What is Axenfeld-Rieger Syndrome?
Axenfeld-Rieger syndrome is a group of disorders that mainly affects the development of the eye. Common eye symptoms include cornea defects and iris defects. People with this syndrome may have an off-center pupil (corectopia) or extra holes in the eyes that can look like multiple pupils (polycoria).
What are the symptoms of Axenfeld-Rieger Syndrome?
People with Axenfeld-Rieger syndrome typically have:
- Cornea defects, including a cloudy cornea or posterior embryotoxin
- Iris issues; typically iris stands, which is connective tissue that connects the iris with the lens
- Pupil issues, including corectopia, abnormally large or small pupils
- Extra pupils (polycoria)
- Strabismus (cross-eye)
- Cataracts (cloudy lens)
- Macular degeneration (eye disorder that causes vision loss)
- Coloboma (a hole in a structure in the eye)
About 50% of people with this syndrome develop glaucoma, which is a condition that increases pressure inside of the eye. This may cause vision loss or blindness.
What causes Axenfeld-Rieger Syndrome?
Axenfeld-Rieger syndrome is inherited in an autosomal dominant manner. Each child of an individual with the disorder has a 50% chance of inheriting the mutation.
There are three types of Axenfeld-Rieger syndrome and each has a different genetic cause.
- Axenfeld-Rieger syndrome type 1 is caused by mutations in the PITX2 gene.
- Axenfeld-Rieger syndrome type 3 is caused by mutations in the FOXC1 gene.
- The gene that causes Axenfeld-Rieger syndrome type 2 is not known, but it is located on chromosome 13.
How is Axenfeld-Rieger Syndrome diagnosed?
Axenfeld-Rieger syndrome is diagnosed by ophthalmologic and clinical examination. Associated systemic findings are supportive of diagnosis. Genetic testing can be used to confirm the diagnosis.
Differential diagnoses include iris hypoplasia (IH), primary congenital glaucoma (PCG) and Peters anomaly.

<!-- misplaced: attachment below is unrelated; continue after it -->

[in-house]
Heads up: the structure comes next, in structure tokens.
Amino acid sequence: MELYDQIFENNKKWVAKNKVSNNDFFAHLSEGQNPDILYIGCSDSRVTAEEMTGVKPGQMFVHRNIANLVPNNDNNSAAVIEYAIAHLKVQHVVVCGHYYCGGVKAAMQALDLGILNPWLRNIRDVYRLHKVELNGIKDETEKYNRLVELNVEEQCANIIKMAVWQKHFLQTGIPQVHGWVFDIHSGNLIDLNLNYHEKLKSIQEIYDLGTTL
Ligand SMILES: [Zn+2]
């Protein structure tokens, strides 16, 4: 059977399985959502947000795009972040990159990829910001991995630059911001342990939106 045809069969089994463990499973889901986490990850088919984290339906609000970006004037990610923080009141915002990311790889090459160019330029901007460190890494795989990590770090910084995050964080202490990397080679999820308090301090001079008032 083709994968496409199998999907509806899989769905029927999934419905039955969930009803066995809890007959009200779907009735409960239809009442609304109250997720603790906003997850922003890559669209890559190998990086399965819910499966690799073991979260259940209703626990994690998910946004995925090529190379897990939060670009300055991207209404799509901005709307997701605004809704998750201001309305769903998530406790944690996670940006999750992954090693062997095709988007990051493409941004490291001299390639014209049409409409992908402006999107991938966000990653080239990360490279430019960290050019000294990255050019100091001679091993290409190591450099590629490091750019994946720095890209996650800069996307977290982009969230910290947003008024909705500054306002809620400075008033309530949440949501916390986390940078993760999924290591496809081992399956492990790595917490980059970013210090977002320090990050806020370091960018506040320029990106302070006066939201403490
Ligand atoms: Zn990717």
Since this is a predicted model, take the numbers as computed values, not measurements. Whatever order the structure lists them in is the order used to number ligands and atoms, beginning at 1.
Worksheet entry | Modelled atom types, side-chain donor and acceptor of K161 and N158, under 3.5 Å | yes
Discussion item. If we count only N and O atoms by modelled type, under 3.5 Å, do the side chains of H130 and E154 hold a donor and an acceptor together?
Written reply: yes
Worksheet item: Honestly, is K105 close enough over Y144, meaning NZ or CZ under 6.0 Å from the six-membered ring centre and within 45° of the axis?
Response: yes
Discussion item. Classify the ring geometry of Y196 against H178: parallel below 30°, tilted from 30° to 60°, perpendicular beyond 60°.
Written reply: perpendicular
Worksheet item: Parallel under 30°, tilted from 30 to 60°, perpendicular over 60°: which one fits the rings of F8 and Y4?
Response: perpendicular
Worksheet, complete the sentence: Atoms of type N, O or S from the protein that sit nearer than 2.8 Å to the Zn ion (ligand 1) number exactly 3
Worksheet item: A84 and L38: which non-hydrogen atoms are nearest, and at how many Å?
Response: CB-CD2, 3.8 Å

Absence of other corneal abnormalities, such as megalocornea, sclerocornea and corneal opacity are useful in distinguishing ARS from other anterior segment disorders. Antenatal diagnosis
If the disease-causing mutation has been identified in a family, prenatal testing for at-risk pregnancies is possible.
What are the treatments for Axenfeld-Rieger Syndrome?
If glaucoma is present, the goal of treatment is to decrease intra-ocular pressure (IOP). An annual ophthalmologic exam should be done using several specific exams to detect the presence of glaucoma.
Should glaucoma develop, eye drops are usually recommended before surgery.
Medications that might be prescribed include those that decrease aqueous output (beta-blockers, alpha-agonists and carbonic anhydrase inhibitors).
Surgery is performed if eye drops are not sufficient in lowering IOP. If surgery is necessary, the procedure of choice is trabeculectomy. Laser surgery may also be indicated. Patients with corectopia (pupil is off center and not located where it should be) and polycoria (more than one pupil is present in the eye) may experience too much sensitivity to light (photophobia), and contact lenses may be helpful.
If the person has additional findings, treatment will depend on the symptoms present, and may include surgery to correct facial or dental problems, heart surgery, or corrective surgery for the cases of hypospadia. Short stature due to a growth hormone deficiency may be treated with growth hormone.
Where can I find out more about Axenfeld-Rieger Syndrome?